Book Review: Columbine
Author: Dave Cullen
Number of Pages: 464
Where I Got It: Library
First line: "He told them he loved them."
Journalist Dave Cullen spent 10 years collecting as much information as he could to piece together what really happened on that fateful day at Columbine High School.
If you think you're just getting another account of the shootings that happened at Columbine High School in April 1999, think again. Cullen has researched every main character, personality trait, supporting cast, event, and detail of the months leading up to and after the shootings that this book casts a whole new light on what happened, who was involved, and most importantly, why it all went down.
The most fascinating part of this book for me was how Cullen, a journalist who's written for the NY Times, the Washington Post and the Guardian, dispelled all the rumors that the media latched on to and ran with. And let me tell you, there were a lot of them. With virtually no facts to back themselves up, reporters cast Dylan Klebold and Eric Harris as members of a Gothic cult called the Trenchcoat Mafia who targeted jocks and had been picked on and bullied throughout all of high school. It was amazing how their rumors and misinformation led everyone astray, even the detectives of the case. They relied heavily on the reports of the confused and shocked teenagers which made for missing facts and unreliable information.
As someone who works with the media almost daily, I've seen firsthand how one tiny piece of misinformation can snowball so to get inside the head of a journalist as he picked apart his own kind was captivating.
This book is just fantastic. It's raw and emotional and Cullen leaves literally no stone unturned nor does he leave any detail out in this NY Times Bestseller.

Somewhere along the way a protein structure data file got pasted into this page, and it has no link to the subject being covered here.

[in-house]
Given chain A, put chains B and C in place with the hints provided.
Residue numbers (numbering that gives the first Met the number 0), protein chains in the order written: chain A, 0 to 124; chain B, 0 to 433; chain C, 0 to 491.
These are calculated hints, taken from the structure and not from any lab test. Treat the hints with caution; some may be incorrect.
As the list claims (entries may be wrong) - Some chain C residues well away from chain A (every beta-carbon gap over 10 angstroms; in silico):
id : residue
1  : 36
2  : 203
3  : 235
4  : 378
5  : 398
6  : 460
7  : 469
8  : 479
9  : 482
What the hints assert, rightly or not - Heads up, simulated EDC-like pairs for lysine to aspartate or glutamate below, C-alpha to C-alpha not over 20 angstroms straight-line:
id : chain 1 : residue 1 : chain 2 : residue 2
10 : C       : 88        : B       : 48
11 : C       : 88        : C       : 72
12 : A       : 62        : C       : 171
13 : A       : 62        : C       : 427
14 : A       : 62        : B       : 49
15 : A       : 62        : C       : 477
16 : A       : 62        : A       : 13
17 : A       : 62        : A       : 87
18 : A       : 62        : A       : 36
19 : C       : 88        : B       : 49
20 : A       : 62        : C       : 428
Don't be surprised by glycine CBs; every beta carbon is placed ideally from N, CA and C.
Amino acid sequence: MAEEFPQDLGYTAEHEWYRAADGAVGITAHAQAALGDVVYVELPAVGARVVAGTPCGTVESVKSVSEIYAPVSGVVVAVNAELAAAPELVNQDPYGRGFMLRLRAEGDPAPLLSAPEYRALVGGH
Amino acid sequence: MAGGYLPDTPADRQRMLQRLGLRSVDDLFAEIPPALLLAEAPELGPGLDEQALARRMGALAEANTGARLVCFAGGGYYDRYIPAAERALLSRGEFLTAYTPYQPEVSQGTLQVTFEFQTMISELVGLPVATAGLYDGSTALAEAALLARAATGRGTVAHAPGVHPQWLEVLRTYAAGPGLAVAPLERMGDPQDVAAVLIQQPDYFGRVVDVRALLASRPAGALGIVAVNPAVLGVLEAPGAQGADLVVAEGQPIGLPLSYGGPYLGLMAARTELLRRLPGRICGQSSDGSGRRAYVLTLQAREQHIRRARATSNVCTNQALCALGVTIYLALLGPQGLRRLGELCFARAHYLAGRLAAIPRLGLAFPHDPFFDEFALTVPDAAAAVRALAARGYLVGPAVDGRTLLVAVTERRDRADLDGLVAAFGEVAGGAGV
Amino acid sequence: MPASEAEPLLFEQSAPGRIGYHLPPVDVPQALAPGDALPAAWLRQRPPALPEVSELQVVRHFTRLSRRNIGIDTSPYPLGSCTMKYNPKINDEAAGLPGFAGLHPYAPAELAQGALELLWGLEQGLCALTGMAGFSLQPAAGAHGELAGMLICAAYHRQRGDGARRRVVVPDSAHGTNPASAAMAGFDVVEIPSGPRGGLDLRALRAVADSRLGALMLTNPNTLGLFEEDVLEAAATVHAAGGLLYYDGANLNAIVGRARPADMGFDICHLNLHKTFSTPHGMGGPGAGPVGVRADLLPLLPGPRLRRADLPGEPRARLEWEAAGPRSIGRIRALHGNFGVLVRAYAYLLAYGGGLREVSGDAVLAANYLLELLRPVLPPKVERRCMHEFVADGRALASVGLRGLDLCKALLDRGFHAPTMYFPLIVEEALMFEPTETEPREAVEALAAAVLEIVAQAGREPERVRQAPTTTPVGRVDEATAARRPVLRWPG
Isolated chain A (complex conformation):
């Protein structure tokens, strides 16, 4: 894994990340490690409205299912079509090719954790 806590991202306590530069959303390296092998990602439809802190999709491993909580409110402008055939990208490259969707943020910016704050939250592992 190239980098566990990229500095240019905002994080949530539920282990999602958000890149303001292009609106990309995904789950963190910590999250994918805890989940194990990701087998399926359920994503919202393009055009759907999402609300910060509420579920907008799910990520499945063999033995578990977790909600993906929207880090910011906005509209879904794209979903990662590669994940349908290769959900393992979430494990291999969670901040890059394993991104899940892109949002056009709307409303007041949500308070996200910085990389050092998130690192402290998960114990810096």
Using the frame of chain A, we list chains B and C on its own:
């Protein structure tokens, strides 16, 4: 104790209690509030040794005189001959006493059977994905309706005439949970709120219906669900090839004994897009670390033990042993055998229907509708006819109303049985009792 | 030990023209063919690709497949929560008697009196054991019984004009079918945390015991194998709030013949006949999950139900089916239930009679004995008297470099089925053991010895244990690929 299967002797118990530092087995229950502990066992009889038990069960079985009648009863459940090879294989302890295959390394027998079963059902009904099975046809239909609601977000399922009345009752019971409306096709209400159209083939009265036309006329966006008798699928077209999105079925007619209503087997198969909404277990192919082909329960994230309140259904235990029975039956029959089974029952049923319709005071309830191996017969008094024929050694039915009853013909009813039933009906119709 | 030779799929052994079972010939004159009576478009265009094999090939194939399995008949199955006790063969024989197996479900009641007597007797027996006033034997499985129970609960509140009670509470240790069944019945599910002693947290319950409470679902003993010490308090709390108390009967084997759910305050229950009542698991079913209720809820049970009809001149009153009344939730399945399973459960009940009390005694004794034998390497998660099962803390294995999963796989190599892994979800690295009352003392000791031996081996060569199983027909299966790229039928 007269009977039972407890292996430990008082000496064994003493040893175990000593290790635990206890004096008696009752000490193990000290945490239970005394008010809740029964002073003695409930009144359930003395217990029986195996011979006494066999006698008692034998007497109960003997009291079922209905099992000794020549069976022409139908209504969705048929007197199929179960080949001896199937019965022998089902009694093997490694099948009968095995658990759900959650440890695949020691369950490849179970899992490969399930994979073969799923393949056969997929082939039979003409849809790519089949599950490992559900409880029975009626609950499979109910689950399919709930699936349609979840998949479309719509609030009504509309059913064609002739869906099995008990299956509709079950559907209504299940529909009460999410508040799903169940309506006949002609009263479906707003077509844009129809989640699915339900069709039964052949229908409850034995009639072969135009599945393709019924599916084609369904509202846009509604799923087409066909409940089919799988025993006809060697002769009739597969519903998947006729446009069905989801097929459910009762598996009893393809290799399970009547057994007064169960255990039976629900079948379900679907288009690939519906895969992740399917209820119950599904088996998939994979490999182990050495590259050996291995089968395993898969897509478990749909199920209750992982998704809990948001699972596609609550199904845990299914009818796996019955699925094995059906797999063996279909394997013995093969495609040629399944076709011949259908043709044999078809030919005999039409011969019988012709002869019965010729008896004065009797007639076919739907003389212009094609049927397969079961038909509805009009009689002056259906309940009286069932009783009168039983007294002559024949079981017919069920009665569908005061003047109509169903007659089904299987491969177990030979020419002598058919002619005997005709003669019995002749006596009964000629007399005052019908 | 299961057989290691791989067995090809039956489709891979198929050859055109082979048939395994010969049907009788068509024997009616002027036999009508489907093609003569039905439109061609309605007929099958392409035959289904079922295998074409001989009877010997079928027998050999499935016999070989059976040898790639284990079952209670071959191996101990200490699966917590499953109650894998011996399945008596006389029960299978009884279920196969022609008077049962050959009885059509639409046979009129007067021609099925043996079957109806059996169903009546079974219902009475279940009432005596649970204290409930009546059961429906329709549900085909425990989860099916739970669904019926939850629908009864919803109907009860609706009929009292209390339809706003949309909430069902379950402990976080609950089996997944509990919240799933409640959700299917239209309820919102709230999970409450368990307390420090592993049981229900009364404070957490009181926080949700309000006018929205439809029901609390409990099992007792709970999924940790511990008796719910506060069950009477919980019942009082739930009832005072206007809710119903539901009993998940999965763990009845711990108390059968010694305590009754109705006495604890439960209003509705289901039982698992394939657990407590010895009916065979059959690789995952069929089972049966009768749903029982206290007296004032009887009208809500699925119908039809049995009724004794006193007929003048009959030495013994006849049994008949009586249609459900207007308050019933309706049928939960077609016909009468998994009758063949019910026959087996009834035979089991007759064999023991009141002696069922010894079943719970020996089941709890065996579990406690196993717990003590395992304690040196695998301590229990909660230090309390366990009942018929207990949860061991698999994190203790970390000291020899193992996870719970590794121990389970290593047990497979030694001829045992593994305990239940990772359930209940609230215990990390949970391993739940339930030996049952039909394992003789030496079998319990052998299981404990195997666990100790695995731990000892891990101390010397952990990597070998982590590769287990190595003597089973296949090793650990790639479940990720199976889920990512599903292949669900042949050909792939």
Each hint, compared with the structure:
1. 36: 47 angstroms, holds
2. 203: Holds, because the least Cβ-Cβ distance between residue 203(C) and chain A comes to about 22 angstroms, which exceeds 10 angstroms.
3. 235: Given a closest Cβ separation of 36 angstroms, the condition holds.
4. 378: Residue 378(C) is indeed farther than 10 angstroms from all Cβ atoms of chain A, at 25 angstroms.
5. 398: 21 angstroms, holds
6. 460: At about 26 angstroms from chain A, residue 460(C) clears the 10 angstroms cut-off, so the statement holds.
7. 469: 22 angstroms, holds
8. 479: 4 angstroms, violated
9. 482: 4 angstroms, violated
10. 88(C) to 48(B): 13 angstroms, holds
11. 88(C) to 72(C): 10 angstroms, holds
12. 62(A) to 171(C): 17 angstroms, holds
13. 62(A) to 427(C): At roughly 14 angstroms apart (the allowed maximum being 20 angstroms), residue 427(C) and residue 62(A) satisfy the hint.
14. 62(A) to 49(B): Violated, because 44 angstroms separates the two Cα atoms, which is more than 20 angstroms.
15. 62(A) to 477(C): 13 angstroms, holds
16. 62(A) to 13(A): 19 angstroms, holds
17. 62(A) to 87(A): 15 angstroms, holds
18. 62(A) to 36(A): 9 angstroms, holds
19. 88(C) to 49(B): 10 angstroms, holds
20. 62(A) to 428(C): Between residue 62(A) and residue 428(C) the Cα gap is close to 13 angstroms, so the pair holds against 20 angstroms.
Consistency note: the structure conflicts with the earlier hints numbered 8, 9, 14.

Overall Rating: 5 out of 5 stars
Coming Up Next: The Help by Kathryn Stockett
Amazon's summary: Eugenia Skeeter Phelan is just home from college in 1962, and, anxious to become a writer, is advised to hone her chops by writing about what disturbs you. The budding social activist begins to collect the stories of the black women on whom the country club sets relies and mistrusts enlisting the help of Aibileen, a maid who's raised 17 children, and Aibileen's best friend Minny, who's found herself unemployed more than a few times after mouthing off to her white employers. The book Skeeter puts together based on their stories is scathing and shocking, bringing pride and hope to the black community, while giving Skeeter the courage to break down her personal boundaries and pursue her dreams. Assured and layered, full of heart and history, this one has bestseller written all over it.
My friend Hailey bought this book for me for my birthday or Christmas or something and swore it was one of the best she's ever read. Hailey has never steered me wrong and has recommended some of my new all-time faves so I finally decided to pick it up and dust it off. I'm about 150 pages into it and I can already tell I'll be adding it to the list of books I will love forever.